Clayton Byrd Goes Underground

Clayton Byrd Goes Underground
Age Range
Release Date
May 09, 2017
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From beloved Newbery Honor winner and three-time Coretta Scott King Award winner Rita Williams-Garcia comes a powerful and heartfelt novel about loss, family, and love that will appeal to fans of Jason Reynolds and Kwame Alexander.

Clayton feels most alive when he’s with his grandfather, Cool Papa Byrd, and the band of Bluesmen—he can’t wait to join them, just as soon as he has a blues song of his own. But then the unthinkable happens. Cool Papa Byrd dies, and Clayton’s mother forbids Clayton from playing the blues. And Clayton knows that’s no way to live.

Armed with his grandfather’s brown porkpie hat and his harmonica, he runs away from home in search of the Bluesmen, hoping he can join them on the road. But on the journey that takes him through the New York City subways and to Washington Square Park, Clayton learns some things that surprise him.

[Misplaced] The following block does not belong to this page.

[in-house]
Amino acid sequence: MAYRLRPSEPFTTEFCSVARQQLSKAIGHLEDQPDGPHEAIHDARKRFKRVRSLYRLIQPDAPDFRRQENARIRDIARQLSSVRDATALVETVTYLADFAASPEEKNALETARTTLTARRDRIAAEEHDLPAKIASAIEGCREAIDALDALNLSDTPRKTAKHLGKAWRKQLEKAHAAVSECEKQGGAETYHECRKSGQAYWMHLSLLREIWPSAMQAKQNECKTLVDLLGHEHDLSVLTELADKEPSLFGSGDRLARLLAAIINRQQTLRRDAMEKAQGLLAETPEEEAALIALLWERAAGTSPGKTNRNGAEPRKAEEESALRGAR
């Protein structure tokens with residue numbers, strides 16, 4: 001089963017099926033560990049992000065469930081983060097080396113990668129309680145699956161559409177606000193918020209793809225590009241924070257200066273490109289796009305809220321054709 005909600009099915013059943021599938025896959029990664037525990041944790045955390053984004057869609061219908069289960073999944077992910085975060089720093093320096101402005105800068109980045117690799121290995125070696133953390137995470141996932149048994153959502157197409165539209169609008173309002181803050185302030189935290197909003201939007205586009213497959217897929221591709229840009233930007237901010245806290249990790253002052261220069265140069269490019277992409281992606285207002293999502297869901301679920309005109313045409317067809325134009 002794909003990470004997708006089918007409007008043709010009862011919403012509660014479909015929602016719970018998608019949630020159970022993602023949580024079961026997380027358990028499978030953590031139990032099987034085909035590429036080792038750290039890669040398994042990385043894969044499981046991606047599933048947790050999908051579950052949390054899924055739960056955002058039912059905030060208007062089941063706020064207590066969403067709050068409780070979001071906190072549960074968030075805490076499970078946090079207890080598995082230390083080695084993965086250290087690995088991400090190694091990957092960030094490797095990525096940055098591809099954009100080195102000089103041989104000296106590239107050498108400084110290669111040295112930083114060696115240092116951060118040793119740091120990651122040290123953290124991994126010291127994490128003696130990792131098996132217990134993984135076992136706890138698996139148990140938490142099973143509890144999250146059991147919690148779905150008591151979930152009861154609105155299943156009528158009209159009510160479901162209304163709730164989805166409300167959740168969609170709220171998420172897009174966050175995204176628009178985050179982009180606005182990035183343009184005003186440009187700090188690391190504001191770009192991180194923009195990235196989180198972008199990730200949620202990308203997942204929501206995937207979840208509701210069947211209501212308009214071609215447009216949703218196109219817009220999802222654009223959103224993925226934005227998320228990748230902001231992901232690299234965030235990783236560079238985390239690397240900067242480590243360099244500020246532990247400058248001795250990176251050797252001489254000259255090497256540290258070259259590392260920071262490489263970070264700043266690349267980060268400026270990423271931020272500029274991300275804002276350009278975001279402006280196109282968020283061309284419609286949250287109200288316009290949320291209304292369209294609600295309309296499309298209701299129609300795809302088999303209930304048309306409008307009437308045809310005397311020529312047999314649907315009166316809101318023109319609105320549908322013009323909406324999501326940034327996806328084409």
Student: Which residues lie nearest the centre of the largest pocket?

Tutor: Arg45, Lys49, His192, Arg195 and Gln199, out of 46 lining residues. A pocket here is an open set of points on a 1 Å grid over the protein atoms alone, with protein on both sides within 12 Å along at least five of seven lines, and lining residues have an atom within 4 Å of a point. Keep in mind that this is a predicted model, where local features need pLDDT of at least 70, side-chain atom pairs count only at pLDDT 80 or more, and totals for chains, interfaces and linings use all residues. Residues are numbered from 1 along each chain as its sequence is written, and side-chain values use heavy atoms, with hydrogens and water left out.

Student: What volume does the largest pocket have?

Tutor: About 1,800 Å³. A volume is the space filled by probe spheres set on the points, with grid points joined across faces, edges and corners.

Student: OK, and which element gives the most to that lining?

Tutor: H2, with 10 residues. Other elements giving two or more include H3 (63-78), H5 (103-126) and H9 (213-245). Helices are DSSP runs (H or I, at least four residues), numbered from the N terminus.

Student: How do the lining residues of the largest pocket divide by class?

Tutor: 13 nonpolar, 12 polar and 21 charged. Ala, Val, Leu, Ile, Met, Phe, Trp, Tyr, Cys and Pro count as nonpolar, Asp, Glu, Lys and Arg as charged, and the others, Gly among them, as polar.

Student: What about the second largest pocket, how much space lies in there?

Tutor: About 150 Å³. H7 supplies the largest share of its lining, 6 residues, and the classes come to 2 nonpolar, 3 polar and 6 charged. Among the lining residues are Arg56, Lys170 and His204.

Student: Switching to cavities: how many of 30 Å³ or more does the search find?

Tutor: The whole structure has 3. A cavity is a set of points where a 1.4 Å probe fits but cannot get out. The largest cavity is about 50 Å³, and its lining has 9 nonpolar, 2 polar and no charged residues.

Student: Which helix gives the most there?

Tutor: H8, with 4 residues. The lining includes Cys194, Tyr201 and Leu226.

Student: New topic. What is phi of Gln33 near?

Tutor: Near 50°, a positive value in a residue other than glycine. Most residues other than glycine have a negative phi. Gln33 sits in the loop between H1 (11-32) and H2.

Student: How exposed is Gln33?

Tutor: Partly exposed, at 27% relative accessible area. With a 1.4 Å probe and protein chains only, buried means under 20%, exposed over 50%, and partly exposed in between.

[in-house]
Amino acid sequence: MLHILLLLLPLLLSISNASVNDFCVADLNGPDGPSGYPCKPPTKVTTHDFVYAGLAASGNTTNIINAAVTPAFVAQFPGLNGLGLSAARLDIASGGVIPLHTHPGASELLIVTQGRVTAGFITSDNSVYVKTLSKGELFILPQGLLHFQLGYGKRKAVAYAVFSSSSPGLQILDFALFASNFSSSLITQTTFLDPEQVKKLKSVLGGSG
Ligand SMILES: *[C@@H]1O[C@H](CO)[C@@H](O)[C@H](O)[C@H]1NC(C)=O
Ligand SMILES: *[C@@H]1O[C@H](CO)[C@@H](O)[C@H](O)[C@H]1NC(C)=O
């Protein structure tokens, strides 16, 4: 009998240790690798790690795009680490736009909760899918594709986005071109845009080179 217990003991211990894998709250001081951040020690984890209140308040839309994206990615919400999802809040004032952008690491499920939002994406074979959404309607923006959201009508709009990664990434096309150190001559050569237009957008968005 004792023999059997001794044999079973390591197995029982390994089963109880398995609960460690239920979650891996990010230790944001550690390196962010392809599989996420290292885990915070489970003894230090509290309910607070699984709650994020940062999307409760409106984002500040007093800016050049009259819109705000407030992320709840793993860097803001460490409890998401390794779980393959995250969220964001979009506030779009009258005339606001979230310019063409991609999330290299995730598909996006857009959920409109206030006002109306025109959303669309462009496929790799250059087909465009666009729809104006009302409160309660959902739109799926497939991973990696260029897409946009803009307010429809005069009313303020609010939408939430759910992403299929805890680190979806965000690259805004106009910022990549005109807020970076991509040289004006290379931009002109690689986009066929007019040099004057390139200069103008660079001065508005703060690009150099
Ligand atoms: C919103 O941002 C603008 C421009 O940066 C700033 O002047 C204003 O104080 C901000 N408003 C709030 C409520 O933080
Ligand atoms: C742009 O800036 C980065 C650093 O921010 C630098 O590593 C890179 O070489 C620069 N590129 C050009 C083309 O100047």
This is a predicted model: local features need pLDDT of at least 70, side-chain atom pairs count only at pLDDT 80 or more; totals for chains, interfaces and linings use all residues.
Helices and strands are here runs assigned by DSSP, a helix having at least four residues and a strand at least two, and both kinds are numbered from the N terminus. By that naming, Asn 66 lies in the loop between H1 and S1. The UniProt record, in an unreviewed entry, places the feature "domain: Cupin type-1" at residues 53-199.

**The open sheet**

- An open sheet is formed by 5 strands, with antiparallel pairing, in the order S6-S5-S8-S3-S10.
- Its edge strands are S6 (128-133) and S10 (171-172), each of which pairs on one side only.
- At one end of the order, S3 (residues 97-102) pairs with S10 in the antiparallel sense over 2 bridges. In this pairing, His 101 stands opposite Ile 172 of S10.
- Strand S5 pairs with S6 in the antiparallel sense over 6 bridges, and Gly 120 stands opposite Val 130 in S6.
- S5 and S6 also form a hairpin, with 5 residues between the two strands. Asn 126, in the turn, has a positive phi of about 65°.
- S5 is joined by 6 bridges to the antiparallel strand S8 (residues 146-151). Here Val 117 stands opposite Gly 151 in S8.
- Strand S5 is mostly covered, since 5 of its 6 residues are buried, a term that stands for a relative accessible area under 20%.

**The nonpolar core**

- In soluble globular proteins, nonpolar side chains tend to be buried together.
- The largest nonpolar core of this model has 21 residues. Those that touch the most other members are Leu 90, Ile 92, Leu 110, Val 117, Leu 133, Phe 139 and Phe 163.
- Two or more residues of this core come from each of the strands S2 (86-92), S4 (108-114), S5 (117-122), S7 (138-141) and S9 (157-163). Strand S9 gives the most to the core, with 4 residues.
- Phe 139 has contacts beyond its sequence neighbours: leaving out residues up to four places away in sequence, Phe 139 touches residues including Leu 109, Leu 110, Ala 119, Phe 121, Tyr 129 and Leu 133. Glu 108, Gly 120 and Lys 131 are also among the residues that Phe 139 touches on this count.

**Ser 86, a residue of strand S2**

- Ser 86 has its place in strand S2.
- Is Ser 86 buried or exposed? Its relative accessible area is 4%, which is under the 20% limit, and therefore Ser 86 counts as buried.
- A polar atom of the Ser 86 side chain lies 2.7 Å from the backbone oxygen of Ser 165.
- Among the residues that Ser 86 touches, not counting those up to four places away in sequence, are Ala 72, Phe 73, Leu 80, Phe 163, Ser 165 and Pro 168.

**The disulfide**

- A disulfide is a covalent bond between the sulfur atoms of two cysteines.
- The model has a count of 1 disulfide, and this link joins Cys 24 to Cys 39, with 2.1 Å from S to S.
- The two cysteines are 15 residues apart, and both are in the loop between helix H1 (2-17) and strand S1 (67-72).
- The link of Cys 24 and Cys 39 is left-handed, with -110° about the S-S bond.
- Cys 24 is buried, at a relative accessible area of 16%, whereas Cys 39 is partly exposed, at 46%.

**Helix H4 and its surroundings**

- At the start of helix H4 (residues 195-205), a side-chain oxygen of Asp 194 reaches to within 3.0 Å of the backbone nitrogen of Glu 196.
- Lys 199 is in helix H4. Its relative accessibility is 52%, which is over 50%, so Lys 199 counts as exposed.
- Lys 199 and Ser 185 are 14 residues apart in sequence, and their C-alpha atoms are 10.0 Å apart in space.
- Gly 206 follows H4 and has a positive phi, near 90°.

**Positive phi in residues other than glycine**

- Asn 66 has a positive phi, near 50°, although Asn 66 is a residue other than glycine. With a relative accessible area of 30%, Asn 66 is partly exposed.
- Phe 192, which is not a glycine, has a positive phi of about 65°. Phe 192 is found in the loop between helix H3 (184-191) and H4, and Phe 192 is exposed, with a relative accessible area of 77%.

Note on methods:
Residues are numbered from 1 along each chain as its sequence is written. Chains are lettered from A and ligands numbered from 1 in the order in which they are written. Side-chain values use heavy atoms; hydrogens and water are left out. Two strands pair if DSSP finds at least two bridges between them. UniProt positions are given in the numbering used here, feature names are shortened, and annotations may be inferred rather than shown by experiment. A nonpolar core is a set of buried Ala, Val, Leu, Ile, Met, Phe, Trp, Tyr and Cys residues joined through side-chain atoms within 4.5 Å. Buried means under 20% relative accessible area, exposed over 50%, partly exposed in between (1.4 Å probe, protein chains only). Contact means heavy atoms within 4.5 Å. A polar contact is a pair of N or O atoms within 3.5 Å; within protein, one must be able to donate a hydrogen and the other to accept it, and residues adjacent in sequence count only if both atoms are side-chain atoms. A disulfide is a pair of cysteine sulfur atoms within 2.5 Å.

Editor review

1 review
A Boy and His Blues
Overall rating
Writing Style
A stirring, tuneful tale of familial ties—those that bind and those that constrain.

This contemporary Middle Grade book is told almost entirely from the third-person past-tense perspective of Clayton Byrd, a young boy who lives in New York City with his willfully single mother and his beloved “Cool Papa.” (Clayton’s father, Mr. Miller, is as present in Clayton’s life as his mother will allow… more on this later.) Clayton plays the “Blues Harp” (a.k.a Harmonica) for his grandfather’s band, The Bluesmen. Despite his pre-teen status, Clayton is passionate about music—longing to be just like his Cool Papa.

Cool Papa is a devoted, nurturing grandparent the likes of which most readers (myself included) could only wish for. He not only cares for Clayton, he mentors and guides him—bestowing musical training, life lessons, and bedtime stories in abundance. So when Cool Papa passes away in his sleep and Clayton is the one to find him, the boy’s loss is heart-wrenchingly palpable. And knowing it’s coming doesn’t make it any easier on readers.

Adding insult to injury, Clayton’s mother is in an almost inexplicable hurry to erase all evidence of her father. The day after the funeral, she holds a yard sale and more or less gives away all of Cool Papa’s belongings—including his guitars—and everything meant for Clayton. All he is able to save is his blues harp and his grandfather’s porkpie hat. Ms. Byrd’s ruthlessness, combined with her forbidding of the blues and insistence on blaming all of Clayton’s undesirable behaviors on her late father, eventually pushes him beyond what he can bear.

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